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Standing out from the EA crowd
What skills are employers looking for?
Most EAs can display the necessary technical skills employers need, for example, travel arrangements, diary management, expenses management, etc. However, the skills really valued are often things that can’t be demonstrated on a CV. Extra skills that set an EA apart include excellent written and verbal communication skills and the desire to go above and beyond, thereby demonstrating high levels of pro-activity and character. By character, employers often mean someone who brings something extra to the office environment, for example, someone who drives energy across the office or has a cohesive bond that builds team camaraderie.
How can you demonstrate those skills during an interview?
It all comes down to communication skills. You need to demonstrate in an interview that you are structured and concise, and use examples to ground your answers in reality. It’s very easy to talk about how you would handle situations in an ideal world, but what an interviewer really wants to know is the reality of what you have actually done in a given situation.
We often advise our candidates to use the STAR technique when answering questions in an interview. This stands for Situation, Task, Action, Result. Situation refers to the situation, issue, problem or challenge that you had to handle; Task means what you needed to achieve from this situation; Action is what you did personally to rectify the situation, what were your alternatives and why did you choose that action. Result refers to the outcome of your actions. By following the STAR method you ensure you are using real examples, that your answer has structure and is concise.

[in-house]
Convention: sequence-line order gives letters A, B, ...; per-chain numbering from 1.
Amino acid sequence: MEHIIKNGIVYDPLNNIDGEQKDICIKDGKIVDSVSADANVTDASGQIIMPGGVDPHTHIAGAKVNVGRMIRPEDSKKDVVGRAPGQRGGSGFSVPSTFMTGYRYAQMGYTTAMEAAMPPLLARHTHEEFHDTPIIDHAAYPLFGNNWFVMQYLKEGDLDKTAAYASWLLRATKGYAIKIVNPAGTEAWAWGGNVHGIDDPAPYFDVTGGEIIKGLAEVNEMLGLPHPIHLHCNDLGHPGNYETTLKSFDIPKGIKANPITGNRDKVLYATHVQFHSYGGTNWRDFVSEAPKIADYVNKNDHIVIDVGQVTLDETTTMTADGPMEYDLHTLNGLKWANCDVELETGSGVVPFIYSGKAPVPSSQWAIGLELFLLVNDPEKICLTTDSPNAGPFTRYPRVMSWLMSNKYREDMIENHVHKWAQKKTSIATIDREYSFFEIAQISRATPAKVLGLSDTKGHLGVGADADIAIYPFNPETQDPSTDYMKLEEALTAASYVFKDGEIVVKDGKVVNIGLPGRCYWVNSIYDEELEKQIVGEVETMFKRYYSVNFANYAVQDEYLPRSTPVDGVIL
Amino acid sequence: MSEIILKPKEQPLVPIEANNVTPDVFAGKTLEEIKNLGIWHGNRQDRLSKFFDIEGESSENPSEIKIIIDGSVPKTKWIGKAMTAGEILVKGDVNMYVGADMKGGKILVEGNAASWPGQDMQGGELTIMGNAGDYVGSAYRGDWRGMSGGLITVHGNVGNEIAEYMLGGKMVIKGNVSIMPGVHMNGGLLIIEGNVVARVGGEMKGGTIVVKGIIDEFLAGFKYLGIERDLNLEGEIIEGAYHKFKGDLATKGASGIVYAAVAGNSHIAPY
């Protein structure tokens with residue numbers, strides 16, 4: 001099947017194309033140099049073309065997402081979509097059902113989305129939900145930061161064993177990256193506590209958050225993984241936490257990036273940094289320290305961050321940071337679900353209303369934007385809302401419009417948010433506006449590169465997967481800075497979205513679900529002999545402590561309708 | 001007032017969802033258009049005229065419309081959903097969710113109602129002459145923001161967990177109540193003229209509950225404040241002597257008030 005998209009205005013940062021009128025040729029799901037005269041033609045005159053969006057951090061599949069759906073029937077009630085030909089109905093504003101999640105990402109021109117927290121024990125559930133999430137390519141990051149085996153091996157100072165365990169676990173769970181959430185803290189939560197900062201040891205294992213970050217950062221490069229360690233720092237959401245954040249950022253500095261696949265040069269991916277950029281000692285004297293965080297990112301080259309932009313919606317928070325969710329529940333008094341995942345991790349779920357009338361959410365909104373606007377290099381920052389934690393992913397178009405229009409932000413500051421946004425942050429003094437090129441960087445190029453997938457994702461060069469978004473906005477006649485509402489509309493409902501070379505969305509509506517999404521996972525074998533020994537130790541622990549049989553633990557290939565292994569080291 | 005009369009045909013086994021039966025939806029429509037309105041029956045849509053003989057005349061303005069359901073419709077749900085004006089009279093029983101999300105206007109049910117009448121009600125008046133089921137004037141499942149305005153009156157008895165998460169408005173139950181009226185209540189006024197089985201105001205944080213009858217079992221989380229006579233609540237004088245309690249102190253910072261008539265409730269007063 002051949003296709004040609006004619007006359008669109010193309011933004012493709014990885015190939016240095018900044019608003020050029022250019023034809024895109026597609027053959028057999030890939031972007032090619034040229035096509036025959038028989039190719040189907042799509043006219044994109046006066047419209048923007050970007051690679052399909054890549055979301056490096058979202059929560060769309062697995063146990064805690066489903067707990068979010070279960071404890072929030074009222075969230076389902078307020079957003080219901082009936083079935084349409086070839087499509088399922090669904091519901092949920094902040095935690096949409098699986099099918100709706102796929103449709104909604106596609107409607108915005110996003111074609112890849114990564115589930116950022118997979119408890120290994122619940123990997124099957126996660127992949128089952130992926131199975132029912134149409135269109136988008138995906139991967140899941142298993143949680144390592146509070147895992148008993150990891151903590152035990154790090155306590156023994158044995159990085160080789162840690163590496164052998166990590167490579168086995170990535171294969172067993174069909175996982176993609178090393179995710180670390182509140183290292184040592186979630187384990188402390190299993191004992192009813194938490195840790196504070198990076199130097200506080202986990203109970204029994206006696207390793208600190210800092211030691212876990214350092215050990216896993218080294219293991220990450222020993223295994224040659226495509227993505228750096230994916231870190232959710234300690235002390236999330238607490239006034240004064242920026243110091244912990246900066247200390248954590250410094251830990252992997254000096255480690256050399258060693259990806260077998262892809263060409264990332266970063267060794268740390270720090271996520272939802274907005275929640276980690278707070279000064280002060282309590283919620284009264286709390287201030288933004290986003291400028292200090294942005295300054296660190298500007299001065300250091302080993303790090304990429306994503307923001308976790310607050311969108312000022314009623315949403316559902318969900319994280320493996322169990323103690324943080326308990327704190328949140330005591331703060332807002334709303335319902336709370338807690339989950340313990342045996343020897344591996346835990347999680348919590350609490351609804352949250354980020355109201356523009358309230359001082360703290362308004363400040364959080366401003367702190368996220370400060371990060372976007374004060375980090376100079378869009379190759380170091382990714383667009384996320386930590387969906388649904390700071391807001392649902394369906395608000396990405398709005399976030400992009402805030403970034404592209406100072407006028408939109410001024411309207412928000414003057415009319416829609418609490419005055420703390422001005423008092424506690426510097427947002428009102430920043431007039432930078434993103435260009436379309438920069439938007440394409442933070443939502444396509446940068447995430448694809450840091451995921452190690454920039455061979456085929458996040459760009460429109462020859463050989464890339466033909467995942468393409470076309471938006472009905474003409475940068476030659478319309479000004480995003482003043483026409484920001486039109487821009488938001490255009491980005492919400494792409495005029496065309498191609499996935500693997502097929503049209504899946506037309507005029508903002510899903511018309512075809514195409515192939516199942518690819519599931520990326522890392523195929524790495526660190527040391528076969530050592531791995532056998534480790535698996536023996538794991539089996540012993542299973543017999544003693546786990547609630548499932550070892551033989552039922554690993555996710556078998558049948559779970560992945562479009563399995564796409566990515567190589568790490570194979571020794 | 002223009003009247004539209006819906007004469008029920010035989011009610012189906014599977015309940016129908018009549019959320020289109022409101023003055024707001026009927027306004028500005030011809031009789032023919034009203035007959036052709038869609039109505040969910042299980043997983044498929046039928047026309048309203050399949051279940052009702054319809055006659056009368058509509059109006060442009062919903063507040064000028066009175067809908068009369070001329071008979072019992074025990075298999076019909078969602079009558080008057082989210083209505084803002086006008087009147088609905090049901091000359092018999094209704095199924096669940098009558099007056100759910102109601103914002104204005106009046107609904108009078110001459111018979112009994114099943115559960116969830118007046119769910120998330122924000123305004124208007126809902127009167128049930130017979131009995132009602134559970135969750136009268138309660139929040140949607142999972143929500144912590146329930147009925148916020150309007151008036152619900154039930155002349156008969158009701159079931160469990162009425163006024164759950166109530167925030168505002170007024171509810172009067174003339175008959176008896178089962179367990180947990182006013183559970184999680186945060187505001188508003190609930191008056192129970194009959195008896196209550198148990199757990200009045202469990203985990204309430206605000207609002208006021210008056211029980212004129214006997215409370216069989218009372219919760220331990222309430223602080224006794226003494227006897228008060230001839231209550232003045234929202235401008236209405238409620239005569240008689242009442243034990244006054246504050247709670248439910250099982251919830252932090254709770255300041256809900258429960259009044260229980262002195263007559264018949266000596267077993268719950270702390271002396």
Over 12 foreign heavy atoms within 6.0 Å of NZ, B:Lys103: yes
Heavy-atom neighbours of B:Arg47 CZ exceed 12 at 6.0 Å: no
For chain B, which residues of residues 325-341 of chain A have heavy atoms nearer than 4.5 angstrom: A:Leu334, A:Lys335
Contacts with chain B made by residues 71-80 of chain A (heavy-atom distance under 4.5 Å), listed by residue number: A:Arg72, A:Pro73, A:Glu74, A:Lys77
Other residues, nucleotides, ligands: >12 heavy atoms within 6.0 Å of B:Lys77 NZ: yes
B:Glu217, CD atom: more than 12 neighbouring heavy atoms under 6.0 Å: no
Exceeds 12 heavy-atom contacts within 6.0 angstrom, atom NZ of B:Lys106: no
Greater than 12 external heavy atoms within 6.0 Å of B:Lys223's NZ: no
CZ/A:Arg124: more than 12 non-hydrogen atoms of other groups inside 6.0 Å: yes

It’s also a good idea to personalise your answers. That is, talk about how you made the role your own, what additional value you brought to the organisation and what qualities your boss really valued in you.
How do you make a good first impression during an interview?
It sounds basic but there are certain fundamentals you must do, like be on time. By that I mean get to the interview 5 to 10 minutes early. However, just as it’s important not to be late, don’t get there too early otherwise you put your interviewer under pressure to finish what they are doing to see you earlier. Another example is to be professionally presented. This means wear a jacket, don’t wear anything too revealing, wear light make-up and ensure your hair is tidy. Don’t go too crazy with accessories, like nail polish, either. The risk is that the interviewer will fixate on these and struggle to see the skills you can bring to the role. Make sure your mobile phone is switched off (and not on vibrate), that it’s safely stowed away in your handbag then tuck your handbag out of sight. There’s no need for you to have it on your lap during the interview — it makes you look like you’re keen to escape as quickly as you can!
To stand out from the crowd, you need:
Display the necessary technical skills
Demonstrate your communication skills
Make a good first impression